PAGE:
Palladio grabs $20M to take once-discarded drug through phase 3

The FDA rejected Palladio Biosciences' lixivaptan in another indication in 2012. (jlcampbell104/CC BY 2.0)

Palladio Biosciences has raised a $20 million series B round. The financing, which attracted support from Roche Venture Fund and Medicxi, sets Palladio up to test its vasopressin V2 receptor antagonist in a phase 3 kidney disease trial.

Pennsylvania-based Palladio set up shop in 2017 to advance a drug—lixivaptan, licensed from Chiesi—using the proceeds of a Medicxi-led series A round. The round equipped Palladio to repurpose a drug that made it to the cusp of approval in heart failure patients, only to be rejected by the FDA in 2012, as a treatment for autosomal dominant polycystic kidney disease (ADPKD).

Palladio presented pharmacokinetic and pharmacodynamic data on lixivaptan in ADPKD patients last year, clearing it to file to run a 50-subject phase 3. With that trial now enrolling patients, Palladio has disclosed a series B round to fund the study.


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Samsara BioCapital led the round with support from fellow new investor Roche Venture Fund. The series B also attracted the support of existing investors Medicxi and Osage University Partners.

The funding will support a phase 3 that is assessing the ability of lixivaptan to slow kidney function decline in patients who permanently discontinued treatment with Otsuka’s Samsca due to elevated liver enzymes. Physicians can only use Samsca, another vasopressin V2 receptor antagonist, in the U.S. in ADPKD under an FDA-approved Risk Evaluation and Mitigation Strategy due to liver toxicity.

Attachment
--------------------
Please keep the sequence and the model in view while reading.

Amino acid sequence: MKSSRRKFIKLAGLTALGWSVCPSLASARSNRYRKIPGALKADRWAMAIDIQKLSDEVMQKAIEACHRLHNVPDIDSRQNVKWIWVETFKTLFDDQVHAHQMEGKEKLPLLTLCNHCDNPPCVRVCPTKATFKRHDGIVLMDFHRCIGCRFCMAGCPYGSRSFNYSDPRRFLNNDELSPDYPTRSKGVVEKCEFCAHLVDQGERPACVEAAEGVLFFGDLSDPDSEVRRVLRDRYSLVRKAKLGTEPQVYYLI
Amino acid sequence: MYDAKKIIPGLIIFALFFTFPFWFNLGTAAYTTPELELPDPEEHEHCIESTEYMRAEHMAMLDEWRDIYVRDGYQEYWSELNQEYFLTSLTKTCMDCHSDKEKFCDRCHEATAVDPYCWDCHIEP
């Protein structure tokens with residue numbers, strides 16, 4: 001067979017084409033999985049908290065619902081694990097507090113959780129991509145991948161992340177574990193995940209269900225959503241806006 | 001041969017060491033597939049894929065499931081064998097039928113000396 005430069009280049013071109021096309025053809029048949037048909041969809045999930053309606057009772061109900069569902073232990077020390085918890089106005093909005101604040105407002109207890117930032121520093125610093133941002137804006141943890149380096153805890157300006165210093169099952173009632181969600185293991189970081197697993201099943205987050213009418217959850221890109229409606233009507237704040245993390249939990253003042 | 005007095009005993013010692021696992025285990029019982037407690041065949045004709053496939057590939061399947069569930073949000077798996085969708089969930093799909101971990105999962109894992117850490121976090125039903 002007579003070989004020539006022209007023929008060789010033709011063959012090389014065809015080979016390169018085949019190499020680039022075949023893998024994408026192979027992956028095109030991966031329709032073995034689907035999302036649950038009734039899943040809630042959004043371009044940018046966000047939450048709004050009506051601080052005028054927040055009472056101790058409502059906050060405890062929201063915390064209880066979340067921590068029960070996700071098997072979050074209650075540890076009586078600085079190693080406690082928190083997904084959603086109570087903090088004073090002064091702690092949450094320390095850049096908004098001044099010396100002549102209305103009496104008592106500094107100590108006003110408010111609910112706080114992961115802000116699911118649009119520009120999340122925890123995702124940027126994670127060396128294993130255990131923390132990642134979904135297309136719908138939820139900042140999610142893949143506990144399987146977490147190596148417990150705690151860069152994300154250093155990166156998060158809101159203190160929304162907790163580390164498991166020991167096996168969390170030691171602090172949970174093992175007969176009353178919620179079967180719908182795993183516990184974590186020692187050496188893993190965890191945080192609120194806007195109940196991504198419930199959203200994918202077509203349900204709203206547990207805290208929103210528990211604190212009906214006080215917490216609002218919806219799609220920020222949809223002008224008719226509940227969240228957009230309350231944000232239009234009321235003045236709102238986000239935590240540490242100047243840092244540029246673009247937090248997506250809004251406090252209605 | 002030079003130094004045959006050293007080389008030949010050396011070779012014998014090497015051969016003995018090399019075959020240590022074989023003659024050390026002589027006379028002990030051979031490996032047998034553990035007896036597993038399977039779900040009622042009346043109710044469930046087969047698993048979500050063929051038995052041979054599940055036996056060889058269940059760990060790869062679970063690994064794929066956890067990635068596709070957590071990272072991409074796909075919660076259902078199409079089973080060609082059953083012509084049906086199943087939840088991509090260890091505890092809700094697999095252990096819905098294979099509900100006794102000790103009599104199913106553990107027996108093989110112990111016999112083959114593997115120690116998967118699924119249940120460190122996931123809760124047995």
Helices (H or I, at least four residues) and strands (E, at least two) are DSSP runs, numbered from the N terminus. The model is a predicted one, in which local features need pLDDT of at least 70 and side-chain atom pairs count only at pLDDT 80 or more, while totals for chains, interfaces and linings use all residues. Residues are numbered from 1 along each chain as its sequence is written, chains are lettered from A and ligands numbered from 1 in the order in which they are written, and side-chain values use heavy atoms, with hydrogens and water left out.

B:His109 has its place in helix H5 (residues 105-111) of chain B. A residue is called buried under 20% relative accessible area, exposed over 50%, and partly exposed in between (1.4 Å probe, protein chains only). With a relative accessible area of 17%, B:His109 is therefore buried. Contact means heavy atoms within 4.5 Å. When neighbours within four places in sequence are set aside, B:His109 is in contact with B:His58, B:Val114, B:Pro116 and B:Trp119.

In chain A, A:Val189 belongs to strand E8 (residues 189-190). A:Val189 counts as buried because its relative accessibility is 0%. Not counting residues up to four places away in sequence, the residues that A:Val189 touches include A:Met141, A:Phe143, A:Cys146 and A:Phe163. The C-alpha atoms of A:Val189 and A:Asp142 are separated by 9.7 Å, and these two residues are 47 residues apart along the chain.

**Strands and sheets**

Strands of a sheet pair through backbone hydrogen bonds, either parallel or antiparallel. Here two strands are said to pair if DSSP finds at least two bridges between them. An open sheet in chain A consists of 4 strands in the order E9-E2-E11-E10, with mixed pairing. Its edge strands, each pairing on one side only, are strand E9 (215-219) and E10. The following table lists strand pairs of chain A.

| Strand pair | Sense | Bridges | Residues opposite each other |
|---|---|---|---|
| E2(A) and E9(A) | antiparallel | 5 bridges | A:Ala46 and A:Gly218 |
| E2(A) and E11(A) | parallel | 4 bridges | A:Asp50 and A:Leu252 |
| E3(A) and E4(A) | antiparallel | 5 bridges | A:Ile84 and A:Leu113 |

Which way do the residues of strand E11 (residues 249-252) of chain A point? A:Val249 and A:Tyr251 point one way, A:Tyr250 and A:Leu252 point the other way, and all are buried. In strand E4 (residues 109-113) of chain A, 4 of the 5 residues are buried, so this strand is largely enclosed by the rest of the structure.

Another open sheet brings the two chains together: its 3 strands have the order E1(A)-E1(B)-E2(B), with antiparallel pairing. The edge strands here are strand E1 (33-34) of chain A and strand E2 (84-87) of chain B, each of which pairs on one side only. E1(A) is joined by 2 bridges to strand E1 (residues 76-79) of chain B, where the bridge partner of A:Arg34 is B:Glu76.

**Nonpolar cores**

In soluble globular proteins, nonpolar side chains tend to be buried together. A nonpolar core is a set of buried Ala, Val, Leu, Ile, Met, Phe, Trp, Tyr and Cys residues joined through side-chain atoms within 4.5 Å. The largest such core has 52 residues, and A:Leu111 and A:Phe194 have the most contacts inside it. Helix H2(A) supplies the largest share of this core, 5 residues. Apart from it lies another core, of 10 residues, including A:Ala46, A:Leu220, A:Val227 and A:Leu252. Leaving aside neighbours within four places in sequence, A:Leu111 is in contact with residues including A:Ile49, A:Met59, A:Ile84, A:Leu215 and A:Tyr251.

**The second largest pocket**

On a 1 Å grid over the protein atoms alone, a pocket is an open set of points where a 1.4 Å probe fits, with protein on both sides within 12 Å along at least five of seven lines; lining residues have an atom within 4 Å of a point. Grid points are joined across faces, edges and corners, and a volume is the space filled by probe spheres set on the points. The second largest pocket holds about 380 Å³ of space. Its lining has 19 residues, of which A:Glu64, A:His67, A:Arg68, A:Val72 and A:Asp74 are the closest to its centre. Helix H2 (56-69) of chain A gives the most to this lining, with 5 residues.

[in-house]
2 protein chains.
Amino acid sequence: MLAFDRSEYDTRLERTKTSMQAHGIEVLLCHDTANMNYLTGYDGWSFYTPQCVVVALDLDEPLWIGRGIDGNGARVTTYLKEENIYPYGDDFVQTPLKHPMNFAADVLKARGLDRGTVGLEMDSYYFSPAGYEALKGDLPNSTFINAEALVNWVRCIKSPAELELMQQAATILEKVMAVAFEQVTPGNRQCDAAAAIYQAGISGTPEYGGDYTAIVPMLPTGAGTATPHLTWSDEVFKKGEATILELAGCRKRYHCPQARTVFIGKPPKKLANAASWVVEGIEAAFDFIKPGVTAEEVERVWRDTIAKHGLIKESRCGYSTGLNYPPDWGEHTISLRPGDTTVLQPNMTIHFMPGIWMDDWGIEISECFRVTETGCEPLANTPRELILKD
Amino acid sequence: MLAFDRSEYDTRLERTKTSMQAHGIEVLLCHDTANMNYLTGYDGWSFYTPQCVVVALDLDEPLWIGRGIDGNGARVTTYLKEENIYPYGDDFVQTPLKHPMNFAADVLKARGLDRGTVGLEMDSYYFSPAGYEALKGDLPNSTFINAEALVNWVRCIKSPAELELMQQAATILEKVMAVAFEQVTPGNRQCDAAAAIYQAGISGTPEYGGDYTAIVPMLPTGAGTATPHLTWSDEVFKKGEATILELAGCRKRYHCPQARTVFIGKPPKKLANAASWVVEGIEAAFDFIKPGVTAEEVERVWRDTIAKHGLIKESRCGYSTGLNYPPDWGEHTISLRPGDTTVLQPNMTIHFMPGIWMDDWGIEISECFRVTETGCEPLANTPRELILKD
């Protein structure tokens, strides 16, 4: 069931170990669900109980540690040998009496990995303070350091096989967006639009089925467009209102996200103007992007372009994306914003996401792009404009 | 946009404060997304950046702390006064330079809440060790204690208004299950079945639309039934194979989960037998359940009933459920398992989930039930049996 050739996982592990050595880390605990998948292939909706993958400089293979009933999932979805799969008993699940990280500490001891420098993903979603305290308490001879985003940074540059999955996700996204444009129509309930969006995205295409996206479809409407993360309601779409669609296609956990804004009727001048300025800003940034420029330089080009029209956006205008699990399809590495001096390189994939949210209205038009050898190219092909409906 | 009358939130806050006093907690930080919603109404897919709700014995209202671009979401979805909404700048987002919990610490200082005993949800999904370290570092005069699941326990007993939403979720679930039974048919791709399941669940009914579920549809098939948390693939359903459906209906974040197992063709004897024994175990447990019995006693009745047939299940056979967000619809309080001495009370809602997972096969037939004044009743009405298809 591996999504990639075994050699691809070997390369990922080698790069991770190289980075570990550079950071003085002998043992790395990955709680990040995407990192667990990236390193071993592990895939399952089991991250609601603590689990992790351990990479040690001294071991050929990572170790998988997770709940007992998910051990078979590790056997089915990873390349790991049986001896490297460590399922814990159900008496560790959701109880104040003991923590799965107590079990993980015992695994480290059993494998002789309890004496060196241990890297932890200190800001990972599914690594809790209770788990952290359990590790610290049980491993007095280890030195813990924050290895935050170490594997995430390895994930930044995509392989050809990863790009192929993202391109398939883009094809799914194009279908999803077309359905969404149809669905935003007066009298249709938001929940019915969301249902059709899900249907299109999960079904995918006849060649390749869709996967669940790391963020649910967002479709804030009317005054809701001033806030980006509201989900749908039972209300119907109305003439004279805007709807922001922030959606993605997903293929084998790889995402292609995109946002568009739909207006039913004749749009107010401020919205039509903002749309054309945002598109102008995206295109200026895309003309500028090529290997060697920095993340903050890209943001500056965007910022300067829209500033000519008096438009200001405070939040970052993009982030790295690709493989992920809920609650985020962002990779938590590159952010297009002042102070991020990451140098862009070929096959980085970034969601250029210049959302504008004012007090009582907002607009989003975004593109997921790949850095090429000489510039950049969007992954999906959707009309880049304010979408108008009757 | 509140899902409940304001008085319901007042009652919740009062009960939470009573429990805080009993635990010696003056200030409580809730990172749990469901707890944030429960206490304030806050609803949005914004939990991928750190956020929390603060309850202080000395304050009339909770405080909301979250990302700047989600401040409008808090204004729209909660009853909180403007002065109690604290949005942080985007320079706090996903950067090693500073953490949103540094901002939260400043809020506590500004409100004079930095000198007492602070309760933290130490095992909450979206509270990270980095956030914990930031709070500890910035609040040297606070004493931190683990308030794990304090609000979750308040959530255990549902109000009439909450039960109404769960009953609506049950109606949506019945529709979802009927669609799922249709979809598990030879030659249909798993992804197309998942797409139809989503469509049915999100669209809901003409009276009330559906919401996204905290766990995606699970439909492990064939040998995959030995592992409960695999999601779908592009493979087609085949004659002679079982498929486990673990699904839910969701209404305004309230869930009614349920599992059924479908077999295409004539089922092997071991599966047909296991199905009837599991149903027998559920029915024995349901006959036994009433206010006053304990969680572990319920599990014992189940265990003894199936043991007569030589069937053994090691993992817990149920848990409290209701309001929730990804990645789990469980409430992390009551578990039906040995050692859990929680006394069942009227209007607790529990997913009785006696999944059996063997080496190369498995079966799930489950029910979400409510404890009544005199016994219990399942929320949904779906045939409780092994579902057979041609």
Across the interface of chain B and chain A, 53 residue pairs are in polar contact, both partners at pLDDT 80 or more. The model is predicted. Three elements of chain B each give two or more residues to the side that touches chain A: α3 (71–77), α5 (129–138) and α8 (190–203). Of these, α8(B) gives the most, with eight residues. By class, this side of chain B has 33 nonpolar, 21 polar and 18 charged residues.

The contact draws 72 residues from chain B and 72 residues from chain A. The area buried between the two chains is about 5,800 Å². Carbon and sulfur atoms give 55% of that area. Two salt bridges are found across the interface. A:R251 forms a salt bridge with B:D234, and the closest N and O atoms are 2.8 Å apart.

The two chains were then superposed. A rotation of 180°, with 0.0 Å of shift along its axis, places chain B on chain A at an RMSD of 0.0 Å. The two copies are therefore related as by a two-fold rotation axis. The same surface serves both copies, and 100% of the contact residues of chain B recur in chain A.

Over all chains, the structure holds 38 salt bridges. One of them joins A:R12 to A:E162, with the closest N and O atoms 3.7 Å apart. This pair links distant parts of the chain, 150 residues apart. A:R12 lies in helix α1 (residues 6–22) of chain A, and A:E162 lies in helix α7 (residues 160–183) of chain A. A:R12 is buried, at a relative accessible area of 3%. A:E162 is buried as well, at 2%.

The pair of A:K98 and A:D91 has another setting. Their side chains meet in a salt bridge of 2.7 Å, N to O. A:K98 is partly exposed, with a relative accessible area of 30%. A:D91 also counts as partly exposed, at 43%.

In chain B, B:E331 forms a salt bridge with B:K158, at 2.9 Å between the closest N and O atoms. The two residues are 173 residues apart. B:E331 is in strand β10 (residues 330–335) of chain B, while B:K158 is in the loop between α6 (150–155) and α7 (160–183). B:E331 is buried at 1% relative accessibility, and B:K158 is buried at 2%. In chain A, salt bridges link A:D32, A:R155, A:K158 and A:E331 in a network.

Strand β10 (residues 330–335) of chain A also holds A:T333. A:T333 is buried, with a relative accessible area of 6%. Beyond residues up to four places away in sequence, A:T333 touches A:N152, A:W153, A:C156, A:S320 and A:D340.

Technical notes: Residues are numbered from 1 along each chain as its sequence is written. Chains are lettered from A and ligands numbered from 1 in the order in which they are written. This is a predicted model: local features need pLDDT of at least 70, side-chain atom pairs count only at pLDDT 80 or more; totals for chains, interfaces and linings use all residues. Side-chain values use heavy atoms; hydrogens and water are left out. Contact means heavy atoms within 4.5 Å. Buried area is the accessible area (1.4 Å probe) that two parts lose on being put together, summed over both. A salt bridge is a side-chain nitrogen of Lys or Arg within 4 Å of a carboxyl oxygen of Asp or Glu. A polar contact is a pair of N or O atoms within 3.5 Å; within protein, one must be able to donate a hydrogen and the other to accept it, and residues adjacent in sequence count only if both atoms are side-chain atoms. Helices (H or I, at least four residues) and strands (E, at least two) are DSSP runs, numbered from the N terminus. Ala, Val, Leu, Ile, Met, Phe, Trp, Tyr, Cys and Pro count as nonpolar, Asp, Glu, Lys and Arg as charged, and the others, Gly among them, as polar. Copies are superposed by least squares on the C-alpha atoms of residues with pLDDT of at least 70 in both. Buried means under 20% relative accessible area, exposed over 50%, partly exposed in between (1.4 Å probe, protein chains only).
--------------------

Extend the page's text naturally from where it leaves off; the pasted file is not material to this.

Lixivaptan is functionally equivalent to tolvaptan, the active ingredient in Samsca, and appears to be similarly effective based on cross-trial comparisons. Importantly, to date lixivaptan has been free from the liver toxicity associated with Samsca.

Success in phase 3 would position Palladio to establish lixivaptan as an alternative option for patients with ADPKD, a genetic disease that causes cysts to grow large enough to affect kidney function. The effects of the cysts only become apparent in adulthood but can lead to kidney failure.

Lixivaptan was originally developed as a treatment for an electrolyte disorder that affects heart failure patients. Biogen partnered with Cardiokine to develop the drug in heart failure patients in 2007, only to bail on the program a few years later before the completion of phase 3. Cardiokine filed for FDA approval in 2011 and was bought by Cornerstone Therapeutics shortly thereafter.

However, the FDA rejected lixivaptan and asked for additional clinical and nonclinical information. Chiesi took control of the drug when it bought Cornerstone in 2014 and granted Palladio global rights to the molecule in 2017.

Lixivaptan is indicative of the sort of late-phase programs Medicxi has invested in since expanding beyond its traditional focus on early-stage biotechs. Like fedratinib, which cleared phase 3 at Sanofi only to get hit by a regulatory setback, lixivaptan is a drug that had slipped off the radar but already had a body of clinical data supporting its use. Impact Biomedicines, with the support of Medicxi, revitalized fedratinib and went on to be acquired by Celgene for $1.1 billion upfront.

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